At Sri Ranga Patna orphanage in Mysore, in the south of India, there are two quite intriguing objects, an ongoing miracle from the point of view of classical physics: two thumb-nail sized slivers of porcelain, both bearing the likeness of a certain Indian saints. For the last twenty-five years or so, they have been producing a honey-like liquid that tastes and smells like jasmine, out of nothing.

I was at that orphanage back in 1993, on my first trip to India. I was standing right there, holding one of the two pieces of porcelain in my right palm, witnessing the liquid coming out of the small object, continuously materializing from the small object. When my palm was full of liquid, the manager of the orphanage took the object and placed it on my left palm, right in front of my eyes. And the little object filled up my left palm with liquid in a few seconds.

I remember a young visitor from our group, he just stood there, with the two objects in his both palms, completely dumbfounded, in shock. His whole body and non-verbal communication was screaming a disbelief, doubt and amazement. He was keep repeating: “I don’t believe it! This is impossible!”

Yes, it indeed is impossible, at least from the Newtonian point of view. The phenomenon at that orphanage would no doubt have left Newton, the great scientist, in anguish. Clear violation of the firmly established first law of thermodynamics (see details here >>) would probably be an enormous challenge for his belief system: objects in question do not heat up or cool down, they do not change temperature at all (at least they didn’t in my palms), no external material apparatus or energy source is connected to the objects, no external energy input of any kind is present and yet, liquid keeps pouring out.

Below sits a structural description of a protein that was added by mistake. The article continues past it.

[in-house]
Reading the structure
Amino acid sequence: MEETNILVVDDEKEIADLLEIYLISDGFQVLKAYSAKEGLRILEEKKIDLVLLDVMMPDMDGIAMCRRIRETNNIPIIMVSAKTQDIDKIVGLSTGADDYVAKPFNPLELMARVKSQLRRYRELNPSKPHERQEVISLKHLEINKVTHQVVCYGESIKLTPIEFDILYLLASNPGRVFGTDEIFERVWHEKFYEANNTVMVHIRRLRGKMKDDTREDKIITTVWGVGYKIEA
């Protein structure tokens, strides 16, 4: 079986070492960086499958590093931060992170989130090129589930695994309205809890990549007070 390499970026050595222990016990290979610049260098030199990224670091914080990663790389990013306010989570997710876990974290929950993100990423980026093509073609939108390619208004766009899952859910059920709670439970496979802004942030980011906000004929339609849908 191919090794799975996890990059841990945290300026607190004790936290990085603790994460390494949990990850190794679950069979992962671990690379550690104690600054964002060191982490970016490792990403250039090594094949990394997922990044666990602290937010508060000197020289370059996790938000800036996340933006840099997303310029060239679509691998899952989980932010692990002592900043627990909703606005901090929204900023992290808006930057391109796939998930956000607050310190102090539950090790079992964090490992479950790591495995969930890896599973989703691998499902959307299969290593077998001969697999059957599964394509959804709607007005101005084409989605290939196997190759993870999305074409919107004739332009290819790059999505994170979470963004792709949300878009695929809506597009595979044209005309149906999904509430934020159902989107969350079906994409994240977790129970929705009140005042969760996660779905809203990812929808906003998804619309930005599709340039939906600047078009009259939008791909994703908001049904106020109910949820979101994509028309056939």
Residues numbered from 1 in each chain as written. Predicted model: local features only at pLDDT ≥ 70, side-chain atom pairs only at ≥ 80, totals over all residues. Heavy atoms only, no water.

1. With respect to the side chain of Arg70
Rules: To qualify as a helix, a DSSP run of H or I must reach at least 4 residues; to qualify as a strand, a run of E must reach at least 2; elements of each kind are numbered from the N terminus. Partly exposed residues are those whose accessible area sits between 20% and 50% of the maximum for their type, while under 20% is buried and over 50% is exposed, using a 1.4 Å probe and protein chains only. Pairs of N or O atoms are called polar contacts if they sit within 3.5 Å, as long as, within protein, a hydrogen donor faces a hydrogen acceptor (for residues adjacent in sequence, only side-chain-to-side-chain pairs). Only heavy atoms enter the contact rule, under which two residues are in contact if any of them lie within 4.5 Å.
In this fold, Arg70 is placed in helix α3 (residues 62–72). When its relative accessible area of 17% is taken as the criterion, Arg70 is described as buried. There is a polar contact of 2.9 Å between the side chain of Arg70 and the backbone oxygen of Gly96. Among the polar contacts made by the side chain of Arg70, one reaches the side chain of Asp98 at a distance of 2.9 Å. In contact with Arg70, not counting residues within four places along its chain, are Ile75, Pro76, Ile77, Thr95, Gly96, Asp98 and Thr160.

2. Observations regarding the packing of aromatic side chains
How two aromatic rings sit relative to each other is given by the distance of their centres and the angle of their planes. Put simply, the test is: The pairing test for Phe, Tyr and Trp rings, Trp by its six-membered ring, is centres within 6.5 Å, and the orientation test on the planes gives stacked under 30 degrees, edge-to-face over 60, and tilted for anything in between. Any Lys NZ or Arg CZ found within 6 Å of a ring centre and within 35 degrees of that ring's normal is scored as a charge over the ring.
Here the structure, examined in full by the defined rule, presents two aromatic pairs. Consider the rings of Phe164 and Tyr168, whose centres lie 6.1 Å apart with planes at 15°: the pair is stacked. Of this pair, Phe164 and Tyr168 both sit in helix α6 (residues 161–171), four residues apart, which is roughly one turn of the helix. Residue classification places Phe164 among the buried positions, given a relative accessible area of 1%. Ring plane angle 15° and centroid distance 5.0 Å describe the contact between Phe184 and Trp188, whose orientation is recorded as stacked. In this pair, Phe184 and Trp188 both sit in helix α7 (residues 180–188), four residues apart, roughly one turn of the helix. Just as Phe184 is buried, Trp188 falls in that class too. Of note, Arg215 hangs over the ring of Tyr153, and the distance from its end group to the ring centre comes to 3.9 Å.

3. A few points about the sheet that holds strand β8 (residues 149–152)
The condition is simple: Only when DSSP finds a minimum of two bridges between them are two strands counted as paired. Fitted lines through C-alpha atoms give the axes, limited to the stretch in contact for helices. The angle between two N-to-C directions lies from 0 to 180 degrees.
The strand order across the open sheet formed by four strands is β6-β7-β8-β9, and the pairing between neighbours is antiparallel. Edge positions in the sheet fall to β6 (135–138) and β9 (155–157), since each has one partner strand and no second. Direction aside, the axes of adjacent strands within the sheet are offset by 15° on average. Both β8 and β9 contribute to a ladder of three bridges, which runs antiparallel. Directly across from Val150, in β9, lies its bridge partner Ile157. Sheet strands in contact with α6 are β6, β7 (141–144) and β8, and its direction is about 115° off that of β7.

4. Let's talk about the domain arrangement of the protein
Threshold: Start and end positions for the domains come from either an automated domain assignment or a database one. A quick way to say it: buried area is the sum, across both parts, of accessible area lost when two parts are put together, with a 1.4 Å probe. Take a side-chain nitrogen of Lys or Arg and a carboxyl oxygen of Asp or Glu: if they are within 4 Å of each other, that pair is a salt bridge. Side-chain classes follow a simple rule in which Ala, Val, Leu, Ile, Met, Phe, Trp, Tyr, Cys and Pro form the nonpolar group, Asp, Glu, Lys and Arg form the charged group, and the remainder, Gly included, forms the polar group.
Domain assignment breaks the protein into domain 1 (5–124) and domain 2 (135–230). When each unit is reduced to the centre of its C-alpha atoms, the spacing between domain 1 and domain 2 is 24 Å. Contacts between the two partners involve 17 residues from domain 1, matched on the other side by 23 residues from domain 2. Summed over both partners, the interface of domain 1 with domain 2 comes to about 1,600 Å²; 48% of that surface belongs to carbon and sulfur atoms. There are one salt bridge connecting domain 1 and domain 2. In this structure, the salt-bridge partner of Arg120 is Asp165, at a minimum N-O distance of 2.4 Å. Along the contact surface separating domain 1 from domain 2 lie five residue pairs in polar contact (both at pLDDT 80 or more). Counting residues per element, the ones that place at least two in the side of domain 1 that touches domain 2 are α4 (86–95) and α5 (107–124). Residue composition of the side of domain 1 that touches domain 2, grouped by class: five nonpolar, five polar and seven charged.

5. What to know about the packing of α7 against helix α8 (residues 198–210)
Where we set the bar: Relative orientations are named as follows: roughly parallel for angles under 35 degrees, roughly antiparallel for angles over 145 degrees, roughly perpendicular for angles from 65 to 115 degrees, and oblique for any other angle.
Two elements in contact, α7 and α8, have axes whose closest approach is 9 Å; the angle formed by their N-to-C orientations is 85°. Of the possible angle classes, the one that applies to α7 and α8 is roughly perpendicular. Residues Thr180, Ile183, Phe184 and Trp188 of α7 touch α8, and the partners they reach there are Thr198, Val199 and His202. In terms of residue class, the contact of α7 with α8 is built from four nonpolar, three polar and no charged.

If we embrace the Latin proverb, nullum gratuitum prandium, who or what is empowering the objects to keep producing large amounts of sweet liquid out of nothing, for free and for over twenty-five years?”

🙂

My heart will go on?

incarnation is a factBack in the 2010 I think, I was writing a paper on the integration of cognitive neuroscience and transpersonal psychology and I wanted to include available empirical evidence that supports the notion of reincarnation and the non-locality of human consciousness.

Well, my professor at Rushmore turned my text right down, arguing that academical establishment frowns upon such notions. I yielded back then, but now I don’t really care much about the academia and so here we go:

There is a wide range of books written on the subject and while I do not necessarily subscribe to the New Age notions on the matter, I fully embrace the life work of Ian Stevenson, MD, who dedicated over forty years of his life to systematical research of re-incarnation.

Dr. Ian Stevenson, in his book Where Reincarnation and Biology Intersect, p. 2 states (you can buy the book here >>):